In a nutshell (or, you can click here to see a very long review delineating each and every story in the book and my reactions) here are the best of the bunch:
out of 28 stories,eight I'd consider creepy horror:
"A Natural History of Autumn," by Jeffrey Ford "The Callers," by Ramsey Campbell "The House on Ashley Avenue," by Ian Rogers "The Crying Child," by Bruce McAllister “Some Pictures in An Album” by Gary McMahon " Pig Thing” by Adam Nevill "The Word Made Flesh," by Richard Gavin " Into the Penny Arcade," by Claire Massey
then five that weren't terribly scary, but they were very well written. They were also incredibly weird (on the good side):
" Kill All Monsters” by Gary McMahon "Dead Song," by Jay Wilburn "The Pike," by Conrad Williams "Wild Acre," by Nathan Ballingrud "None So Blind," by Stephen Bacon
and finally, even though the endings fizzled (for me), kudos for weirdness to
Terry Dowling, for "Mariners' Round" and Laird Barron for "Frontier Death Song"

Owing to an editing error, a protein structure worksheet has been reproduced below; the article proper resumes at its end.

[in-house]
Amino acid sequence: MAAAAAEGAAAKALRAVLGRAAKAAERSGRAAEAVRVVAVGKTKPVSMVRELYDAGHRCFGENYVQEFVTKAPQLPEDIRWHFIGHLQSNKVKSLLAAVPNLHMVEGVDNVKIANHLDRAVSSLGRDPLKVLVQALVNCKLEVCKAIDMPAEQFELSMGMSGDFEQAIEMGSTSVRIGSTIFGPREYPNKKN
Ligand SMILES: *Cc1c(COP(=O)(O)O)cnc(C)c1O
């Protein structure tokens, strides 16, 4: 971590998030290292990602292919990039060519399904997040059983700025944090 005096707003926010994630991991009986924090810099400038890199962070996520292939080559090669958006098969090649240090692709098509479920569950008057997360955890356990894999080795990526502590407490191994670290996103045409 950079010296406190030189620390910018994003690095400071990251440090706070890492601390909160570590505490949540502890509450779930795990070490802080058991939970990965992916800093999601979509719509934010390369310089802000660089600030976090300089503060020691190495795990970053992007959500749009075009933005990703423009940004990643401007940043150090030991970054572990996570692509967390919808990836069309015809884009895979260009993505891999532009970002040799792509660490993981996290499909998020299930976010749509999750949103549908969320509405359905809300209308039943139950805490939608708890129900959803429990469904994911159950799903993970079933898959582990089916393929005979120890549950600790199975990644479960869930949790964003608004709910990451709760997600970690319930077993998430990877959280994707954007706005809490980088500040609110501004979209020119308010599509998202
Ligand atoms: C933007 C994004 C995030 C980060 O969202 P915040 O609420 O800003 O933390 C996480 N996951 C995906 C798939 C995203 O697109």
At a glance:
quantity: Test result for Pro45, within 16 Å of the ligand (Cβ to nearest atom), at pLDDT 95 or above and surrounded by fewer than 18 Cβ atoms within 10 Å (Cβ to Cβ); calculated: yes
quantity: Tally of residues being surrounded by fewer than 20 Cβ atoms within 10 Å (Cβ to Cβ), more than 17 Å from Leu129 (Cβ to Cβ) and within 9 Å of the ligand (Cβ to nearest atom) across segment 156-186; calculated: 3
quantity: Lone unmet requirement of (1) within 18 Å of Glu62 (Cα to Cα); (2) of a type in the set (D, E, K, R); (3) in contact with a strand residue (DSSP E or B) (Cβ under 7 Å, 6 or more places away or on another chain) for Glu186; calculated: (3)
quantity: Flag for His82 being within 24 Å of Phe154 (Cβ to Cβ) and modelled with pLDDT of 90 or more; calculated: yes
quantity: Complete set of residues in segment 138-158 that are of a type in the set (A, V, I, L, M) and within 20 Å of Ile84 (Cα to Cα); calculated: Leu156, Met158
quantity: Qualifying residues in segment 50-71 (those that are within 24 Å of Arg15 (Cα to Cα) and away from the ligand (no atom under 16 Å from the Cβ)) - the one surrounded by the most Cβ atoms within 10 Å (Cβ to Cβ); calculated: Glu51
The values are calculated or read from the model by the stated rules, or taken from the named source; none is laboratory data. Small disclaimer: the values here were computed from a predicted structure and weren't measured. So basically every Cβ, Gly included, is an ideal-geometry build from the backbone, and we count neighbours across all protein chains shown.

I will say that for the most part, I had a lot of fun with this collection, and that the very nature of anthologies is taking the good along with the not so hot. I read them to discover new authors, and in that sense, this book is a success. This installment # 5 of Datlow's Best Horror of the Year is one you have to judge for yourself in terms of what you consider horror or not. (less)
like a 3.75 rounded up. There's a longer version here; the shorter version goes something like this:
There are 20 stories in this collection, and while...morelike a 3.75 rounded up. There's a longer version here; the shorter version goes something like this:
There are 20 stories in this collection, and while some of them aren't as scary or creepy as I would have liked, most all have the potential to create great unease in your mind as you read.
The 20 stories are: